On Wednesday, February 20, 2013 8:15:54 PM UTC-5, stathisp wrote:
>
>
>
> On Thursday, 21 February 2013, Craig Weinberg wrote:
>
> We can't predict our own decisions, since there is always the 
>>> possibility that we can change our minds.
>>
>>
>> But we are in control of that possibility to some extent. If I bet you 
>> $100 that I will post something about tree frogs later today, then I can be 
>> sure that I will follow through on that, barring unforeseen events beyond 
>> my control.
>>
>
> Surely you, a free will enthusiast, will admit that you *could* change 
> your mind about that post even though at the moment you are pretty sure you 
> want to win the bet. If you felt you could not change your mind then that 
> would be a weird situation. It can occur with so-called passivity phenomena 
> in schizophrenia, where patients describe feeling controlled by an external 
> force which they are powerless to resist.
>

It's not a matter of feeling that I could not change my mind, it is the 
fact that one can exercise their free will in a multi-dimensional way. We 
can prioritize. If it is important to me to honor some commitment or 
obligation, I can go on indefinitely with reasonable confidence that I 
won't change my mind. Free will also means the freedom to make up your 
mind. Of course, things can always change, but that doesn't mean that we 
can't ever make up our minds.
 
 

>  
>
>> This is where the feeling of 
>>> "free will" comes from. Note that this has no bearing on the question 
>>> of whether our decisions are determined or not: the only requirement 
>>> for the feeling of freedom is that we not know what we're going to do 
>>> until we do it. 
>>>
>>
>> I think that you are confusing freedom with farting. Not knowing what we 
>> are going to do is meaningless if we don't have the possibility to freely 
>> exercise control over what we do. Why would there be a feeling associated 
>> with some process which has no consequences that we could do anything about?
>>
>
> We have the feeling of control over what we do because we can't predict 
> exactly what we are going to do.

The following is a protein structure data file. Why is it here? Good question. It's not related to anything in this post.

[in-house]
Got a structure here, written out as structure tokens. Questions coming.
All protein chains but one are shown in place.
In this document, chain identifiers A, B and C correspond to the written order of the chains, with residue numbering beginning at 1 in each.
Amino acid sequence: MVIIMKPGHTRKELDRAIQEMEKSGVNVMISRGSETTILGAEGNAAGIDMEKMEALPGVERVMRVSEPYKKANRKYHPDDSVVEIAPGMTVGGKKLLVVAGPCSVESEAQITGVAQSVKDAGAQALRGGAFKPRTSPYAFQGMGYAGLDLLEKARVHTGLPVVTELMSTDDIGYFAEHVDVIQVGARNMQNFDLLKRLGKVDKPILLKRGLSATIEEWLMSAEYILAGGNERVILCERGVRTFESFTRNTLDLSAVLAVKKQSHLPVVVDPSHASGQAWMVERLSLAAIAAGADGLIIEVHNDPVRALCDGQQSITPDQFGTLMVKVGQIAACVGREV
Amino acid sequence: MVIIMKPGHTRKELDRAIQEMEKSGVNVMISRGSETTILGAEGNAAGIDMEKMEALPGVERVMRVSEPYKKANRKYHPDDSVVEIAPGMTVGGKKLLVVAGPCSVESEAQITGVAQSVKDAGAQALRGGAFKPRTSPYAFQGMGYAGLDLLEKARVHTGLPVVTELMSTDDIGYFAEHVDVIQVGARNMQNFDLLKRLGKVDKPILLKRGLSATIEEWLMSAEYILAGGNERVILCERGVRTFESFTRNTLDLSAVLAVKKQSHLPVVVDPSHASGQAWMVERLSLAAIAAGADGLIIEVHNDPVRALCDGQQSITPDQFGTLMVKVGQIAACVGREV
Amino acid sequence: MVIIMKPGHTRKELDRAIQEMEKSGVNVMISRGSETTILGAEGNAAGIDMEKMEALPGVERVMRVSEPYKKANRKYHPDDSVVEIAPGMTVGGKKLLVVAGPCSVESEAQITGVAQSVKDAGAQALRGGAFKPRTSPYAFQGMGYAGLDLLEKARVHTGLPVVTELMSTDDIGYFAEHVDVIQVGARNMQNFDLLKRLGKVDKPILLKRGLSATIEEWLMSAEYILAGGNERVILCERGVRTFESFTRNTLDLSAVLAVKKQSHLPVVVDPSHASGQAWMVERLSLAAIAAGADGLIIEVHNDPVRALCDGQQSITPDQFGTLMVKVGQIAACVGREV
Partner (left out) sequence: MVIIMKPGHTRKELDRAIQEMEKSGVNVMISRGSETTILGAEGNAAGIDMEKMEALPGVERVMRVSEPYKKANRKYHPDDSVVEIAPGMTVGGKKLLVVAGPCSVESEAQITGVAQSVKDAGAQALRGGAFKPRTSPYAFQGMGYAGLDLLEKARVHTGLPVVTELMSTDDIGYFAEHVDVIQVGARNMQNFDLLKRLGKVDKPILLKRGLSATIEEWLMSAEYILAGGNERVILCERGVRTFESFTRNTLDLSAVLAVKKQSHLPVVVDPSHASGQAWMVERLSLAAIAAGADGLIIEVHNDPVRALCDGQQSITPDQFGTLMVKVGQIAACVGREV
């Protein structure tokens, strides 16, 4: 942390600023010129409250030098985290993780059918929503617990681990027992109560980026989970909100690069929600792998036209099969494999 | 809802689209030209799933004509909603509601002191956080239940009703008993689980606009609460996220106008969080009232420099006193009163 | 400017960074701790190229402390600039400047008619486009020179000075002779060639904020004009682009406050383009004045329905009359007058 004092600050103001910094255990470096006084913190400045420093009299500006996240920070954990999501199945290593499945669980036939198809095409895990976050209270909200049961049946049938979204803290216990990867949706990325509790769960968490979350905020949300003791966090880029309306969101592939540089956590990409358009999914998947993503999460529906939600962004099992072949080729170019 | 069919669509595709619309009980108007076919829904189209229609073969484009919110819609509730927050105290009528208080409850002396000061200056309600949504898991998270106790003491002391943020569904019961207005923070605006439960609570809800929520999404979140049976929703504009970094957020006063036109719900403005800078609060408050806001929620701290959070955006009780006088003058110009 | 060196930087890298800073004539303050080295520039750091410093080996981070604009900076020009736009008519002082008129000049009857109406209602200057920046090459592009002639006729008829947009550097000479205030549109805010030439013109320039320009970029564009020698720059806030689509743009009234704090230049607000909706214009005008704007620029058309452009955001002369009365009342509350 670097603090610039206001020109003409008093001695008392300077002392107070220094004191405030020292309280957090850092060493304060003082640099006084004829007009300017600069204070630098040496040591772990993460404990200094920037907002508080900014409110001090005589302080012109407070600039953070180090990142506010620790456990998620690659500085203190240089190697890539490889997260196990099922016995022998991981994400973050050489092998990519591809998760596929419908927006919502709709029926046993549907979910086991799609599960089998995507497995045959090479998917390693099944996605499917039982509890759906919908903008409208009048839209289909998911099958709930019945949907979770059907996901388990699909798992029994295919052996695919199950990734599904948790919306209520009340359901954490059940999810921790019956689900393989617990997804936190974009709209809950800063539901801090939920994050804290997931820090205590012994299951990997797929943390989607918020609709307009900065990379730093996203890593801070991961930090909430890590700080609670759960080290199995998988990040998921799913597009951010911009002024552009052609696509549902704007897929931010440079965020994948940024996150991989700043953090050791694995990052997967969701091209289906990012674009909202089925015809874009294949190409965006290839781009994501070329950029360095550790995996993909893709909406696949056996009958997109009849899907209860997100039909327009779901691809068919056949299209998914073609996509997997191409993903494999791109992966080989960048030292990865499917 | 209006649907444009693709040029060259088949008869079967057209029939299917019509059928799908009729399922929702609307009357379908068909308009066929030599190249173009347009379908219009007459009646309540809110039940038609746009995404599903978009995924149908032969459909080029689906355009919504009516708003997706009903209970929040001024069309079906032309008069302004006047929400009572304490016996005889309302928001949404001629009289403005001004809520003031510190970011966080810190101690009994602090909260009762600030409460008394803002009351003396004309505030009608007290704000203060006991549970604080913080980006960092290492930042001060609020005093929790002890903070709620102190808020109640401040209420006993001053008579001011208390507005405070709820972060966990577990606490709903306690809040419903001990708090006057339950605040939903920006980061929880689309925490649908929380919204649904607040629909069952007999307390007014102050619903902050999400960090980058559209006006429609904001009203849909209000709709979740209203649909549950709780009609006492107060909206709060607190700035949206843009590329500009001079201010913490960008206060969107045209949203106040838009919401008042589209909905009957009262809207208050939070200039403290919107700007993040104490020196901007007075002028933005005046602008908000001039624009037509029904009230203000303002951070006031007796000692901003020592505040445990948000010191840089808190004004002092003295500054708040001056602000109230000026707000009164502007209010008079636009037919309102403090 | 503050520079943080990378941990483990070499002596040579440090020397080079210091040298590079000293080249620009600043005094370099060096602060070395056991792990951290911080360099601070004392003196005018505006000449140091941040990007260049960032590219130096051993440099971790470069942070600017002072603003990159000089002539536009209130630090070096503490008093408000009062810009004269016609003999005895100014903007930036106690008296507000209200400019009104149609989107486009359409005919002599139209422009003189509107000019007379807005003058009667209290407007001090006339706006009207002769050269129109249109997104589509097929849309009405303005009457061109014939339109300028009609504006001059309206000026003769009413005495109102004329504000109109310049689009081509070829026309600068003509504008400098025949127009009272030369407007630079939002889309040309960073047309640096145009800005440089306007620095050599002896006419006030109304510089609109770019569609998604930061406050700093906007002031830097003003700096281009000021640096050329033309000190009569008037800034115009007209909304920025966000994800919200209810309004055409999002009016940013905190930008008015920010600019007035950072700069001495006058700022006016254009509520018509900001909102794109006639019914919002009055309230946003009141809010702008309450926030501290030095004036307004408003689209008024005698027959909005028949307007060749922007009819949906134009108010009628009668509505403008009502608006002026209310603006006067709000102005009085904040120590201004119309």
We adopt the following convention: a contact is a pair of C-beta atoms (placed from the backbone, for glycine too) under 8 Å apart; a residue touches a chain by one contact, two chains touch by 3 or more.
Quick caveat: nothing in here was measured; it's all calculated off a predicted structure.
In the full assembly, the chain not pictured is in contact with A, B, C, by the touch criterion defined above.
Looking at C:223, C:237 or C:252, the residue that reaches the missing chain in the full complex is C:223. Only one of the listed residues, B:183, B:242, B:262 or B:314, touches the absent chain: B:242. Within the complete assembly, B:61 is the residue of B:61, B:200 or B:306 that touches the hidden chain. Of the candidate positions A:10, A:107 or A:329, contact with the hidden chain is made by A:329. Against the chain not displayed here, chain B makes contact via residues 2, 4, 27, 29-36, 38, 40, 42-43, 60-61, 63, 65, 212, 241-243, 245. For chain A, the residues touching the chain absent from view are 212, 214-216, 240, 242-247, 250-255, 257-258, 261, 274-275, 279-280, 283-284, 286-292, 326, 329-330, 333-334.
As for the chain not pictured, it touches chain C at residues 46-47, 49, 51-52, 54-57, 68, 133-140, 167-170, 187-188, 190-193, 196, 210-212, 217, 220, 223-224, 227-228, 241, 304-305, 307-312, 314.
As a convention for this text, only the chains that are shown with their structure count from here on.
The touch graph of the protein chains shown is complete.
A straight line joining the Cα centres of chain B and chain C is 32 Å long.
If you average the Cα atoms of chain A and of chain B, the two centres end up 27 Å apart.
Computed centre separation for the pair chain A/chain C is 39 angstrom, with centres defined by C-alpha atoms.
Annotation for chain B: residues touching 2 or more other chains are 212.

>

No. We have the feeling of control over what we do, period. There is no 
because. Participation is fundamental private physics. Irreducible. No 
energy, not substance, no function, form, or data is beneath it. 
 

> As I keep trying to explain, this has no bearing on whether our actions 
> are determined or not. There is no logical connection between the two 
> concepts.
>

If you are right, then you can't say that you 'keep trying' to do anything. 
Your feeling that you keep trying is an illusion. You just don't know what 
you are going to say, so you imagine that you keep trying. That's what you 
are telling me. With a straight face. Instead of constructing an argument 
from logical expectations, I suggest experimenting with an empirical 
inventory. Why deny that you are actually present?
 

>
> Suppose someone demonstrates to you that they can reliably predict every 
> decision you make. You deliberately try to thwart them by making erratic 
> decisions but they still get it right. This might be disturbing for you, 
> but do you think the strong feeling of free will that you have would 
> suddenly disappear?
>

There's no question that the feeling of personal free will is overstated, 
but that has nothing to do with the ontology of will. We may have to 
balance the needs and agendas of a trillion sub-persons, and a trillion 
super-persons, but that doesn't mean that our own personal will doesn't 
contribute to the overall preference. Why is the personal will so special 
that physics has to make it the only thing in the universe which isn't 
real? I can make your brain change just by writing these words, so why 
can't you change your own brain by thinking?

Craig

 
> --
> Stathis Papaioannou
>

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